Album review – Send Away the Tigers
Despite falling in love with the Manic Street Preachers’ 1998 release, This Is My Truth Tell Me Yours, I never became a fan of the band. I guess part of the reason for that is I didn’t care for their well-publicized political leanings, and allowed it to taint my enjoyment of the music. Stupid, I know. Anyway, I came across a positive mention of their latest release, Send Away the Tigers, on blogcritics so I thought I’d give them another shot.
The first things that stands out about the new album – in contrast to the only other one I’ve heard – is its brevity. Truth clocks in at a beefy 63 minutes, while Tigers is done in less than 40. This is fine with me, as I’ve always felt that less tends to be more. But it turns out that in addition to scaling back on the amount of music, the Manics have scaled back on the production as well. Tigers is certainly no lo-fi effort, but it trades the polish and reverb of Truth for a more immediate, guitar-centric sound. They’ve also replaced melancholy and cynicism with energy and anger.
But make no mistake; the great melodies and top-notch songwriting are still present. The opening title track sets the tone for the album – hooky, accessible rock with a sense of purpose. “Underdogs,” released as a free digital download, is a delightful slab of post-modern punk – but executed with more skill and less faux attitude.
For “Your Love Alone Is Not Enough” and “Autumnsong,” the Manics are joined on vocals by Nina Persson of The Cardigans. Persson does add a nice element to the songs, although I will admit that I am not a huge fan of the “new” vocal style she developed around the late ’90s. But that’s another topic entirely.
Great music aside, it wouldn’t be a Manic Street Preachers album without some politically and socially conscious lyrics. The obvious example here is “Imperial Bodybags” – Imperial bodybags, coming home in dribs and drabs/Life is numbers, with doggy tags/Filled with holes and coming back/So come on up the sky? – but in a brilliant twist the song is pure Rockabilly.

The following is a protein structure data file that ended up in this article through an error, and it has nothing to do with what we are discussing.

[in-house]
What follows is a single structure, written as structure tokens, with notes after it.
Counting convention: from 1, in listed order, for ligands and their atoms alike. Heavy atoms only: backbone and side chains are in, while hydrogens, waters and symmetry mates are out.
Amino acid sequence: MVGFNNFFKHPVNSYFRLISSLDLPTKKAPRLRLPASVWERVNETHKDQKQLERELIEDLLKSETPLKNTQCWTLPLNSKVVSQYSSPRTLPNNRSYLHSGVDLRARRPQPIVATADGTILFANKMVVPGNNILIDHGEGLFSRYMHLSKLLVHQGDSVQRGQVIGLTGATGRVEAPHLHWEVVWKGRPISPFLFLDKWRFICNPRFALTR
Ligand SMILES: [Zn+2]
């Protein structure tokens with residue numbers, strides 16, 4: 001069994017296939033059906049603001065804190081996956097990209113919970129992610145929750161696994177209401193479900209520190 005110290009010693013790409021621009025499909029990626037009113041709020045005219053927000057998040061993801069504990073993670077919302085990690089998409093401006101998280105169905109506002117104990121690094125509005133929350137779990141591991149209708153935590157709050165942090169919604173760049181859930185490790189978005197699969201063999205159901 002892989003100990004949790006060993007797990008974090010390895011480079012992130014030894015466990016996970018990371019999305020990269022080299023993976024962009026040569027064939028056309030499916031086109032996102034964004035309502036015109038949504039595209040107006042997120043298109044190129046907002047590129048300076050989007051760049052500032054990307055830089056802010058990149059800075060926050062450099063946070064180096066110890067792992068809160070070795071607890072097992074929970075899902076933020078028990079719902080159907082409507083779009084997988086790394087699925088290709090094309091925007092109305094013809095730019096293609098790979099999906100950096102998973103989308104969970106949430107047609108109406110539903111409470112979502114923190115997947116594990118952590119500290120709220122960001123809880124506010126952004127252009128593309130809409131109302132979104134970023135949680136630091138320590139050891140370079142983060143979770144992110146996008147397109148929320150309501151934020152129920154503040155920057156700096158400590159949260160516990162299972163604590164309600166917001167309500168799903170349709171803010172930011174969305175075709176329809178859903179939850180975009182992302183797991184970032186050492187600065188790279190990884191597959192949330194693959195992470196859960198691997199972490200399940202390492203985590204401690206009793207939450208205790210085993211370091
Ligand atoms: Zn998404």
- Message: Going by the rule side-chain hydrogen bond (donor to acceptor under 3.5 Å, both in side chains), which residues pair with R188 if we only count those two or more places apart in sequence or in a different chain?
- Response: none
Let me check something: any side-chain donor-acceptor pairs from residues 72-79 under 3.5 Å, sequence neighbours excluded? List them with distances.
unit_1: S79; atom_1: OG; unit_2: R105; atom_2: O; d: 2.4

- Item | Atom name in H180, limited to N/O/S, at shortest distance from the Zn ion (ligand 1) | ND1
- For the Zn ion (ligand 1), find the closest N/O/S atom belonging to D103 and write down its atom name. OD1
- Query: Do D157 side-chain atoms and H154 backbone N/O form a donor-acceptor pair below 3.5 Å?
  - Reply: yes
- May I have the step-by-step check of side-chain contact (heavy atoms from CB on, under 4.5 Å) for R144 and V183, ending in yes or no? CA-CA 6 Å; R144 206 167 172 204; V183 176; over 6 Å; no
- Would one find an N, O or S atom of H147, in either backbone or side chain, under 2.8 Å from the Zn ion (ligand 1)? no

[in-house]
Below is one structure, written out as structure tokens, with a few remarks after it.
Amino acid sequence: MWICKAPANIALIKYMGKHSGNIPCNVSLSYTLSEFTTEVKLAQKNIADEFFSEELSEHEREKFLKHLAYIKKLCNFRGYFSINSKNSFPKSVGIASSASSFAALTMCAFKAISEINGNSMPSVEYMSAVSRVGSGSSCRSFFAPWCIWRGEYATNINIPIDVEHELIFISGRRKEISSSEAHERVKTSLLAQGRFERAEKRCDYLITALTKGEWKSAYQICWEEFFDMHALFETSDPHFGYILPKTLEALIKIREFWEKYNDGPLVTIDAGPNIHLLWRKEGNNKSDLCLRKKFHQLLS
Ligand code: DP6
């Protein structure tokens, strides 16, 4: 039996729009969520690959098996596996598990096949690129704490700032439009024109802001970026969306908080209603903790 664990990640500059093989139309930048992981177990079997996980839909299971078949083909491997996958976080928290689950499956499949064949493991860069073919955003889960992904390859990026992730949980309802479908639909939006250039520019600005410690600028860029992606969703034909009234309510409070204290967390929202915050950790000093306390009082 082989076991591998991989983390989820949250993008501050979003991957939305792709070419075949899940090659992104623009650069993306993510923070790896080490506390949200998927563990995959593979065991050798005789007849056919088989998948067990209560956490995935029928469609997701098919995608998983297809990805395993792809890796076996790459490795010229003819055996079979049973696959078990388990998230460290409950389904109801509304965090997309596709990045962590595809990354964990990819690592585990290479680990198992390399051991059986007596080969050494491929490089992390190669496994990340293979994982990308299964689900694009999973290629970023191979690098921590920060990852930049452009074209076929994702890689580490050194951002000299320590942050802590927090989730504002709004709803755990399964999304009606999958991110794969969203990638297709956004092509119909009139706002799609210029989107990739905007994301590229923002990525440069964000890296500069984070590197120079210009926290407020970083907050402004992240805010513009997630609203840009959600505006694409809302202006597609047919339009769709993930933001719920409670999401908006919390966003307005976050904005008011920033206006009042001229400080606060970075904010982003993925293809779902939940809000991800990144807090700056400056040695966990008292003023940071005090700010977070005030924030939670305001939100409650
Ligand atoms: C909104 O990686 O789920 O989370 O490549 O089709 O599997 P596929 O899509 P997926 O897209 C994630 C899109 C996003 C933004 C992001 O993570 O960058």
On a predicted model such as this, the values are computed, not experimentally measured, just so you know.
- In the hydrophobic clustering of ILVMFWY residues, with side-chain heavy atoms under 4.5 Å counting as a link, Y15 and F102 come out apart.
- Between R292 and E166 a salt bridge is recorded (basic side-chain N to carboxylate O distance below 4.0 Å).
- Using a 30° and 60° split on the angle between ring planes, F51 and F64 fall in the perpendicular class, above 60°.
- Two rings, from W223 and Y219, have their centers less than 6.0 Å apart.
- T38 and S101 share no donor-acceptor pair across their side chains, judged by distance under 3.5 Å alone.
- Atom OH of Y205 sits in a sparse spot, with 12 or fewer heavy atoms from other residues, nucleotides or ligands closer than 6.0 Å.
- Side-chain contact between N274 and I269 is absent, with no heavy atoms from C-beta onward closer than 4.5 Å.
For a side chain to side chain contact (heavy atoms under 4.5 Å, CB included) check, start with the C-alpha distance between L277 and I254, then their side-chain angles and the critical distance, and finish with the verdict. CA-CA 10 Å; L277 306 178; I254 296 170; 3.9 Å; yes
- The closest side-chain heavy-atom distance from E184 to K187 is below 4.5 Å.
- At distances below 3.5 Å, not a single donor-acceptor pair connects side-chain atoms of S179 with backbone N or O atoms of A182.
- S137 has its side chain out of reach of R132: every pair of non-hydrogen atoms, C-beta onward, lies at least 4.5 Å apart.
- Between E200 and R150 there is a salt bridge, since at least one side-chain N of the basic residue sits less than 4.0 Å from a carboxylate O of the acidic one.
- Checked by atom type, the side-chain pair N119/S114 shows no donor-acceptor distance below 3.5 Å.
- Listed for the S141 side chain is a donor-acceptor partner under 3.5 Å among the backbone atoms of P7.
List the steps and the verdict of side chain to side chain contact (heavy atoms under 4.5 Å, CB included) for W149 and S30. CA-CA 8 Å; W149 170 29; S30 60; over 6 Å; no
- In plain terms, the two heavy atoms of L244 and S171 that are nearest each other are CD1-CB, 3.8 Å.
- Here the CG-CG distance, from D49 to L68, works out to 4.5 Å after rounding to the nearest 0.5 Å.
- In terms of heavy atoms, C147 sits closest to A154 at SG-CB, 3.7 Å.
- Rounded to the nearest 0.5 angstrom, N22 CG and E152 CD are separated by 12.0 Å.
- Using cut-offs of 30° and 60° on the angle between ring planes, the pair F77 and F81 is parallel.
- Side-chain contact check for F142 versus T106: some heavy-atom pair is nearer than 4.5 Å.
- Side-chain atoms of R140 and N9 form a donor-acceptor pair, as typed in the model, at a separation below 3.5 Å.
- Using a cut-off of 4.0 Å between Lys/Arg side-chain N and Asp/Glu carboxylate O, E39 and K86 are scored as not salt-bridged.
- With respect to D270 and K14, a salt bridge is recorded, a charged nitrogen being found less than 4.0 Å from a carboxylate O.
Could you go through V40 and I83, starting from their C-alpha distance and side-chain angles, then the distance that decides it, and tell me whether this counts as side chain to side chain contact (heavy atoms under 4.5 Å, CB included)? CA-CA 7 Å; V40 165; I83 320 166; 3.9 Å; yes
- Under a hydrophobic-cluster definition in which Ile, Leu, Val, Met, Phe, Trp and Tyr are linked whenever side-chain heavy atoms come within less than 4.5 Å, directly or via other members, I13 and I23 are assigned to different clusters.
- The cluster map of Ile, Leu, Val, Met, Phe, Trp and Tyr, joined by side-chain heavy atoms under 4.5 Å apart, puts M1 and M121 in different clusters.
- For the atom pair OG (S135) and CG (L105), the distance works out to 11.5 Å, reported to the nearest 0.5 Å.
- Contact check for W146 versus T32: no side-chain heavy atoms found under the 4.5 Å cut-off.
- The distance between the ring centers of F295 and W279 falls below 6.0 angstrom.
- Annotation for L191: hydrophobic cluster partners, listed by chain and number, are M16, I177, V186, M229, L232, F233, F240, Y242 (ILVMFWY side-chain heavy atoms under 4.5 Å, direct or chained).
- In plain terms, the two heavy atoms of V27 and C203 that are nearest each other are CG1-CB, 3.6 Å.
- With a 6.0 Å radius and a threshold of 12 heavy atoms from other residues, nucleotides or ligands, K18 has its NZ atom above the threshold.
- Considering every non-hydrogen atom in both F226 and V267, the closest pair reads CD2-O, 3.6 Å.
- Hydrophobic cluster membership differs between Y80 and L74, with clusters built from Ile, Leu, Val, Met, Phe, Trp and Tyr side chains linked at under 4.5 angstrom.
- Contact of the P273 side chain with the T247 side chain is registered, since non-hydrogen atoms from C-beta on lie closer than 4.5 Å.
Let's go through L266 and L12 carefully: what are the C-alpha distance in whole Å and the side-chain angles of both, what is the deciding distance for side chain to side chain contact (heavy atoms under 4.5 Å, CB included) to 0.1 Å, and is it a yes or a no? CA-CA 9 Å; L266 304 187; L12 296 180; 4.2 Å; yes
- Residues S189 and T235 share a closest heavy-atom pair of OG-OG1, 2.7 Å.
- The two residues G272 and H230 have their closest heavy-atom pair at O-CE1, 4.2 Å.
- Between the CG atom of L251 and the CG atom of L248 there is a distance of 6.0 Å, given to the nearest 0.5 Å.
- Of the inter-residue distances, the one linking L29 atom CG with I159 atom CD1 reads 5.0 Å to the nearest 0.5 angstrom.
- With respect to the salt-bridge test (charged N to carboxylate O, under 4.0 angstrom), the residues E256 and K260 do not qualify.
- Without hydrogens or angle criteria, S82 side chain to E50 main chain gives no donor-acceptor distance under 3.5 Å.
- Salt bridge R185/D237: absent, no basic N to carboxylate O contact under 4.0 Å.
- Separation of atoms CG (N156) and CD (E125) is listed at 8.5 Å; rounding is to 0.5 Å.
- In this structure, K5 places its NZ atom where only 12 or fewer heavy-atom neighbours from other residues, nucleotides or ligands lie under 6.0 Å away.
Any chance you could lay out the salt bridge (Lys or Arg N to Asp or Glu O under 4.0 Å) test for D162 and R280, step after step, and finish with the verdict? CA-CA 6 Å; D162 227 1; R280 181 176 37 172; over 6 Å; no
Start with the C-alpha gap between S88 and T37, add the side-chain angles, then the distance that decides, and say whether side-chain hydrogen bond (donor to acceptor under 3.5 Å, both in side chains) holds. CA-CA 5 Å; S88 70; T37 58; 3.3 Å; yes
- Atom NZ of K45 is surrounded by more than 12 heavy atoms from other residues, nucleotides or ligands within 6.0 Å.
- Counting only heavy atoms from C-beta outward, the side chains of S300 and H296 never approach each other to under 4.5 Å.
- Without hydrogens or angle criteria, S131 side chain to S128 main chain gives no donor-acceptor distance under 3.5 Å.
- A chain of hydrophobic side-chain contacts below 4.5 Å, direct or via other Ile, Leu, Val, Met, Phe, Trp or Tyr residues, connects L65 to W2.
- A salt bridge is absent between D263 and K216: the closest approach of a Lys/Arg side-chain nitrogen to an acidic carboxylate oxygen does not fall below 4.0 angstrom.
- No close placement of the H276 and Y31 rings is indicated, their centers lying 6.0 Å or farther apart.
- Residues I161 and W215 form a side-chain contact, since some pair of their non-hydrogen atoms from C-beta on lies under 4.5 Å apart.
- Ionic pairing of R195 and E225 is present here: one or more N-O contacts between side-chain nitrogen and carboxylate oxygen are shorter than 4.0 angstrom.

Another great thing Tigers has going for it is consistency. While I’m not certain there are any true standout tracks, there is also no filler at all (although the cover of John Lennon’s “Working Class Hero” isn’t really essential). This seems to have been a conscious effort on the band’s part, as according to their MySpace page they just wanted the best songs, with no “wanking.” That economical effort is obvious – none of these songs let you linger. They get in and get out before you know what hit you. Rather than feeling cheated, however, I just feel like I need to go back and listen again. Very refreshing.
Don’t bother looking for Send Away the Tigers in U.S. record stores, as it has not been released here and may not be. This is only available outside the U.S., or via download services – legal ones of course. It hit #2 on the U.K. album charts, but I guess we Americans have to make room for more Nickelback albums.
My personal favorites – “Rendition” and “Imperial Bodybags.”
Track listing (“Working Class Hero” is a hidden track on some versions)
- “Send Away the Tigers” – 3:36
- “Underdogs” – 2:49
- “Your Love Alone Is Not Enough” – 3:55
- “Indian Summer” – 3:54
- “The Second Great Depression” – 4:09
- “Rendition” – 2:59
- “Autumnsong” – 3:40
- “I’m Just a Patsy” – 3:11
- “Imperial Bodybags” – 3:30
- “Working Class Hero” – 2:47
- “Winterlovers” – 3:03
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